I went to a gun show, and I liked it. I even made it out alive.

While it might seem like a scary proposition, this wallet-less trend is our future, even if it's fully integrated in my lifetime.

Riding along with two friends, I experienced my first gun show today in Oshkosh, WI.  Ever since learning about the carry culture and going to a range for the first time, I wanted to see what a gun show was like.

If you’ve never been to a gun show, it’s much like any other trade show out there, but for guns and other weapons.  You’ll also find a variety of accessories and ammunition.  One of the booths that we stopped for was a business that sold what looked like a waist band with an integrated holster.  I was impressed by the design because it looks like something I could wear over a pair of sweatpants.  I tend to favor carrying a firearm concealed, so this appealed to me.

Because firearm ownership tends to revolve around the politically conservative crowd, there were also bumper stickers reflecting a pro-gun attitude, patriotism, as well as some mocking President Obama’s gun policies and his presidency overall.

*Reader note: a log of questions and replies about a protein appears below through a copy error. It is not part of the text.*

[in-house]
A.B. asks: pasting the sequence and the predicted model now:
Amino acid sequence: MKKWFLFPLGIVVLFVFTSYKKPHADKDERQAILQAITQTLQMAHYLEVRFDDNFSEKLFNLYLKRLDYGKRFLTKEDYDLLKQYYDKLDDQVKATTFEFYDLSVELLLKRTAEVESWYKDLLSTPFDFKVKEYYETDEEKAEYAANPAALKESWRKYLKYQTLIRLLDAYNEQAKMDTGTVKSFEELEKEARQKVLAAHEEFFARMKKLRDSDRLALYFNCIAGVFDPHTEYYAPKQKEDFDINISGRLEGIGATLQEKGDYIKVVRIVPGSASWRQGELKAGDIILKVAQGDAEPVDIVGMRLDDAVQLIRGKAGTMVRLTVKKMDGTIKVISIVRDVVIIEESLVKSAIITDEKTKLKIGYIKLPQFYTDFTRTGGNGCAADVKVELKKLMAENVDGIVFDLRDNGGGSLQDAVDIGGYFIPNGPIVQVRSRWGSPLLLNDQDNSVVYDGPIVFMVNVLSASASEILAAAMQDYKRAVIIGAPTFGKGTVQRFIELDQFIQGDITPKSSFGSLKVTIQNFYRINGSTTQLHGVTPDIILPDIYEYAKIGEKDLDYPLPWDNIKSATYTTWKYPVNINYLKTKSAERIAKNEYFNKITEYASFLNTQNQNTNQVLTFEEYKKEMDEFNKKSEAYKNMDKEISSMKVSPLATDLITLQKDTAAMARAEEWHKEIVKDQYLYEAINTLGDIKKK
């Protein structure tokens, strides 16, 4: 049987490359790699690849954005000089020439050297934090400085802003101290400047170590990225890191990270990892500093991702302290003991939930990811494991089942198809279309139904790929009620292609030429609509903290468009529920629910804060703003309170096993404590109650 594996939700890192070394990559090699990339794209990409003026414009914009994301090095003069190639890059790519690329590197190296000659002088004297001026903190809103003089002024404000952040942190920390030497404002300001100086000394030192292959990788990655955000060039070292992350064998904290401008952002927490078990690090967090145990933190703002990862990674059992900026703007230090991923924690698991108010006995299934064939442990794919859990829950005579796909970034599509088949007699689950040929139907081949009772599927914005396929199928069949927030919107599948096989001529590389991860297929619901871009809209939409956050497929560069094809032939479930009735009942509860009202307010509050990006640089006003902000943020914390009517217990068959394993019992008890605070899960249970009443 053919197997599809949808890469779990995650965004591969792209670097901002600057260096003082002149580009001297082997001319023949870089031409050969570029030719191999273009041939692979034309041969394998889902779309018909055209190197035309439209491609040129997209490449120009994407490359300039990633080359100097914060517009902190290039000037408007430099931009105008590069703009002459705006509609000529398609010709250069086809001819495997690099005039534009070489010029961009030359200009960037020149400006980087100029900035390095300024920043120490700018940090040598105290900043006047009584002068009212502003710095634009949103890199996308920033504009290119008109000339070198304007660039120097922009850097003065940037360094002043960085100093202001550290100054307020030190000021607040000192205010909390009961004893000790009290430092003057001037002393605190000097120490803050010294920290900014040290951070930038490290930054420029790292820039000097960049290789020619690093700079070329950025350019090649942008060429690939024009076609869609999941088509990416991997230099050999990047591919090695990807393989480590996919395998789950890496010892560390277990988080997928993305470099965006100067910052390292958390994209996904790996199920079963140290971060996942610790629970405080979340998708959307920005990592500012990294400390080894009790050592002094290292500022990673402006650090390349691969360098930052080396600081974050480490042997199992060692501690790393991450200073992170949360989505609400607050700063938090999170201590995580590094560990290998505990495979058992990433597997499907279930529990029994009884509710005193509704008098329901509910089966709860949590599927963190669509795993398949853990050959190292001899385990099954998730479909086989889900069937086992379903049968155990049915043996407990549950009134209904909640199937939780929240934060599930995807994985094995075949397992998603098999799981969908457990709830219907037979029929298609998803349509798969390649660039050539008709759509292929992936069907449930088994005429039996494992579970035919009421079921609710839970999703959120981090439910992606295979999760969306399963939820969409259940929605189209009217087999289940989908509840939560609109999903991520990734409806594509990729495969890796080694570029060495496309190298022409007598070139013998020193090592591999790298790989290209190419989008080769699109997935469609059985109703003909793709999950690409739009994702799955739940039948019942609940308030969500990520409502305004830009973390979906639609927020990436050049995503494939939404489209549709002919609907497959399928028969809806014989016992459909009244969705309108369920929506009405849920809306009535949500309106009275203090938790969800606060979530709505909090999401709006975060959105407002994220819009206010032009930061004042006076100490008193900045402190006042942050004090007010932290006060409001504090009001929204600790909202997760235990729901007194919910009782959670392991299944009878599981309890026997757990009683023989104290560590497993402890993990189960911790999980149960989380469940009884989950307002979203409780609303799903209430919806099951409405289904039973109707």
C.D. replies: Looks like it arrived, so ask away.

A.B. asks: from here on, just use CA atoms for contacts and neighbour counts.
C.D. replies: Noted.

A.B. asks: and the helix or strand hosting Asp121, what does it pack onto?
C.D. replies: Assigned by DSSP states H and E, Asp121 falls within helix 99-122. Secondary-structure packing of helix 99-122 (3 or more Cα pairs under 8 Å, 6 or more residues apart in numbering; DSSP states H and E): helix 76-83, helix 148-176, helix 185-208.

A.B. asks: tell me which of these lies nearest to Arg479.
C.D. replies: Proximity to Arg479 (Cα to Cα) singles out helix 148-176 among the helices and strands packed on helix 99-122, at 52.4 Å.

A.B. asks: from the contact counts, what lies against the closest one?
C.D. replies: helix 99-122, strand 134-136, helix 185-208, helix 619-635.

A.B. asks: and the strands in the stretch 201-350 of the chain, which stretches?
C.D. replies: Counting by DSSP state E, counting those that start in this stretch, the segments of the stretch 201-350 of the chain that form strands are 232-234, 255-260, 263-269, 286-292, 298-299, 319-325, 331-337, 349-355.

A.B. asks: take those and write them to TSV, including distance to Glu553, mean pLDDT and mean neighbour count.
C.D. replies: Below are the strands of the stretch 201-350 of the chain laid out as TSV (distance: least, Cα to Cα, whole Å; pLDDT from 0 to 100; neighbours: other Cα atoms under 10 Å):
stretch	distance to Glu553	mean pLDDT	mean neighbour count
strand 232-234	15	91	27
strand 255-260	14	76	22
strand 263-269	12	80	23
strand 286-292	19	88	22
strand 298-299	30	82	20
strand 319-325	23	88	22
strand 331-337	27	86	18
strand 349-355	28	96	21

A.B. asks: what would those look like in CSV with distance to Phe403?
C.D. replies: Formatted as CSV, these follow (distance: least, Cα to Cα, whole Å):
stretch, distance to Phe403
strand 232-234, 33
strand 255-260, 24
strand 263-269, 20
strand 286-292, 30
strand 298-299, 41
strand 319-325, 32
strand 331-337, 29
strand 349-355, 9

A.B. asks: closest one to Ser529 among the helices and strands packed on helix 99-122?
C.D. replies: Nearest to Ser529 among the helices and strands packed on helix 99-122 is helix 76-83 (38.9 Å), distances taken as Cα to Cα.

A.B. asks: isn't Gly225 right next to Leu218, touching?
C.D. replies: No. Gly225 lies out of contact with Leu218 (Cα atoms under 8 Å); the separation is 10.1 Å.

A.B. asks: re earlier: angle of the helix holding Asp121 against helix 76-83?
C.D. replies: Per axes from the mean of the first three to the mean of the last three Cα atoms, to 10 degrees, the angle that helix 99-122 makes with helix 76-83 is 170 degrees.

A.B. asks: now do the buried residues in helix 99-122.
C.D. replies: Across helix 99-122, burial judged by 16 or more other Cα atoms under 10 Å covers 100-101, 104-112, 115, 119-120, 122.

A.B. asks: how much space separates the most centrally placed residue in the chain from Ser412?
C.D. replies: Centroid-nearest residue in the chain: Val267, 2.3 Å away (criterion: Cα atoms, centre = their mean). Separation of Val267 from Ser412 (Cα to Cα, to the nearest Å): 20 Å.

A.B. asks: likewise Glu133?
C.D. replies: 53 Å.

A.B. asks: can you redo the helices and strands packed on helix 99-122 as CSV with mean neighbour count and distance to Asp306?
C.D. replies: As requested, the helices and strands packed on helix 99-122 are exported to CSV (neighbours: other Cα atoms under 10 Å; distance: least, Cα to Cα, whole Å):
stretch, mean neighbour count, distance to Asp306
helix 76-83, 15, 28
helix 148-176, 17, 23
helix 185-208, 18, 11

My overall observations:

  • Everyone in the place was orderly.  Nobody bothered anyone and all business vendors that we spoke to or carried short conversation with were cordial.
  • Anyone that carried a weapon did so respectfully, safely, and maturely.
  • As I walked around many tables, I noticed transactions taking place.  There wasn’t one transaction I saw that didn’t involve a background check.  Some vendors used iPads to conduct them, others used laptops.

And the most important observation of them all:

Not a single weapon in the entire expo center grew legs in an attempt to harm anyone.

Normally, I would be apprehensive about buying something from a gun show because most vendors are cash-only, but there’s a good chance that I don’t need to worry about someone trying to mug me or hassle me over displaying large amounts of cash.

Gun show picture

About the author

Mike Rana

Mike Rana is one of those people who is hard to define, though he's not immune to being labeled for something. He likes to talk about many topics including technology, business, politics, education, psychology, and human behavior. In his spare time, Mike enjoys traveling, people watching, analyzing the world around him, writing about his life experiences, absorbing information from various social media channels, and trying to be the voice of reason in the political arena.

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